Rob LeFrance, a member of the Back Country Horsemen of BC group, will discuss efforts to restore the historic trail used in 1865 for telegraph development in the Quesnel area. (Photo courtesy Quesnel Museum & Archives)

Horsepower times two: hooves and wheels at Quesnel museum

Travel back in time by bus and horseback

The Quesnel Museum & Archives is waiting for the bus. It’s due to arrive Wednesday at 1 p.m. – more than 100 of them, in fact.

These buses were framed in the lens of a camera and collected into photo albums by Barry Sanford, the man who dealt with more of them than drivers or students.

“School bus students should be on their best behaviour on May 10 when former school bus supervisor Barry Sanford visits Quesnel,” said Elizabeth Hunter, museum and heritage manager for the City of Quesnel.

“Sanford, who was school bus supervisor with School District 28 from 1985 to 1998, will be in Quesnel that day to present to the Quesnel Museum five albums of photos he took of school bus operations in the Quesnel region during his time here. Former drivers and students are invited to attend the presentation at the museum to view the photographs, visit, and share memories with others. Following the presentation, the albums will become a permanent resource at the museum.”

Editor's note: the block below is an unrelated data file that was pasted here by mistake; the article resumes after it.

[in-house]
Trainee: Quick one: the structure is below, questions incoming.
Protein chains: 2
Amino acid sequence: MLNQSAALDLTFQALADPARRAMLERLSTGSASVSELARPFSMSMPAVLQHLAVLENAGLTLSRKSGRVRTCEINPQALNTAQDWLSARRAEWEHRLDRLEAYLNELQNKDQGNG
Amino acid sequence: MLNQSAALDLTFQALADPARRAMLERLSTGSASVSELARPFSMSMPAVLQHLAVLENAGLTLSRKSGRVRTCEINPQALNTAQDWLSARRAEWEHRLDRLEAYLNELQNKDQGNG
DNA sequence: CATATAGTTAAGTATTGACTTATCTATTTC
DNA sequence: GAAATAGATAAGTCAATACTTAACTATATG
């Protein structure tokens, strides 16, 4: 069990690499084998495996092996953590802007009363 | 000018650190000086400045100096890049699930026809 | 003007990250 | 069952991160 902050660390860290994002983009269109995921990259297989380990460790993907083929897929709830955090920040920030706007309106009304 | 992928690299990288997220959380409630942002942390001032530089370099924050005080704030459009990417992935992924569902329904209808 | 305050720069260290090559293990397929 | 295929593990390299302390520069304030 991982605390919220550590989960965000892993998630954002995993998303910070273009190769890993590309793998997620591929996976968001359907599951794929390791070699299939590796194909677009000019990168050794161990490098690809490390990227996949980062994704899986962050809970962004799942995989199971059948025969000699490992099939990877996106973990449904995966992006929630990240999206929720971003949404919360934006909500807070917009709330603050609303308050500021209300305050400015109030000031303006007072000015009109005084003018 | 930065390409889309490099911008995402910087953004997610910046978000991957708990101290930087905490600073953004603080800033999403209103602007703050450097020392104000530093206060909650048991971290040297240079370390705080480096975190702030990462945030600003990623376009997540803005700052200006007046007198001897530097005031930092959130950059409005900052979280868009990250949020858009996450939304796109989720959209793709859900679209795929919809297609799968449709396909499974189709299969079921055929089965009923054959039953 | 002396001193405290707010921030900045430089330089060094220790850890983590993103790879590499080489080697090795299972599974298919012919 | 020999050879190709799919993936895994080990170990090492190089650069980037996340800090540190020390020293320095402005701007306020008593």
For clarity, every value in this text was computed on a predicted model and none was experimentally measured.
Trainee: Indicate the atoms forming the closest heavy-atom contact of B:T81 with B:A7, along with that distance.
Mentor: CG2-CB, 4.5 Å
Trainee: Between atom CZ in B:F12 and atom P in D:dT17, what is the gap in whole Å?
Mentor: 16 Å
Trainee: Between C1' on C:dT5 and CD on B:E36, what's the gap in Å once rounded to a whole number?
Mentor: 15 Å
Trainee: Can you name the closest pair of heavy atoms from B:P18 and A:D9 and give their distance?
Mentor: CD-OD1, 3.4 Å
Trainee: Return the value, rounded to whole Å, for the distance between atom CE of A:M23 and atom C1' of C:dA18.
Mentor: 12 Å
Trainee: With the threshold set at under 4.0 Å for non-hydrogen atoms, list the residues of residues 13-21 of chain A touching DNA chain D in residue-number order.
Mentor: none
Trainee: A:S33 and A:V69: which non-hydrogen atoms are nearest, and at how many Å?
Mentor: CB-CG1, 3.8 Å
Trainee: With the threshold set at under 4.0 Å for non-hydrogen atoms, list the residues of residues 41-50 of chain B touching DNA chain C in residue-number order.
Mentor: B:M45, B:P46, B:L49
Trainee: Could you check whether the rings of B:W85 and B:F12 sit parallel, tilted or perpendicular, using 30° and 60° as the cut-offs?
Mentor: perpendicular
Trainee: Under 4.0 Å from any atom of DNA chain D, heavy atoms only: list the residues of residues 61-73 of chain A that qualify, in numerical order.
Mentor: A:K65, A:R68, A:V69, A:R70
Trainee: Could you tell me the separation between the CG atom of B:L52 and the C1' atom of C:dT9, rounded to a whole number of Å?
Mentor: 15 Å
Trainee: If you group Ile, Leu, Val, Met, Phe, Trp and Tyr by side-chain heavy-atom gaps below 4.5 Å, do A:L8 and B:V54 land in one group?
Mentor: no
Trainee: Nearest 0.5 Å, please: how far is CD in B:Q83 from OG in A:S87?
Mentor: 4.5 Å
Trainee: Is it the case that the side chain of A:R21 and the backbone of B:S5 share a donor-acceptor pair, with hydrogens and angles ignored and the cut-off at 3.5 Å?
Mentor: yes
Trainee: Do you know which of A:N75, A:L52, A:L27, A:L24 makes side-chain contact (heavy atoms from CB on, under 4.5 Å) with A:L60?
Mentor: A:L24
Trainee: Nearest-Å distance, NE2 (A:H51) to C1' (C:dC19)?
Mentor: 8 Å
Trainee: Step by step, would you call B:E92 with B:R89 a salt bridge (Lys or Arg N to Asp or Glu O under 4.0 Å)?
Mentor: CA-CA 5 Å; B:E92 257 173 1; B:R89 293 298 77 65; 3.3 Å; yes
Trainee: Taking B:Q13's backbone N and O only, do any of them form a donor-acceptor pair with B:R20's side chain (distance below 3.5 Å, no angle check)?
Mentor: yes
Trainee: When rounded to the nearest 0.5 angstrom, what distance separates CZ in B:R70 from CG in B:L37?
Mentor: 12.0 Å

But if buses don’t get you rolling, there’s always saddles and bridles on the same day. May 10 is when Rob LeFrance rides into town as the next guest of the Quesnel Museum Heritage Speaker Series. He well knows the mechanics of horseback, and he has trotted back into the history of local equine transportation.

“Rob LeFrance will discuss the work of the Back Country Horsemen of BC restoring the telegraph trail north of Quesnel,” said Hunter. As a representative of this provincial group, LeFrance will “describe the activities of the local chapter, organizing group events and revitalizing the historic telegraph trail.

“Developed in 1865 in an effort to link North America to Europe by telegraph via B.C., Alaska, across the Bering Sea, to Siberia, the trail brought faster communications to the area and created an important access route to northern B.C.,” Hunter explained. “Discover the natural beauty and recreational activities that can be accessed from this trail.”

LeFrance begins his presentation at 7 p.m. at the museum (705 Carson Ave.). Admission is by donation. A Zoom link is available, if you cannot attend in person.

For more information on these two, or any, activities at the museum, call 250-992-9580 or email

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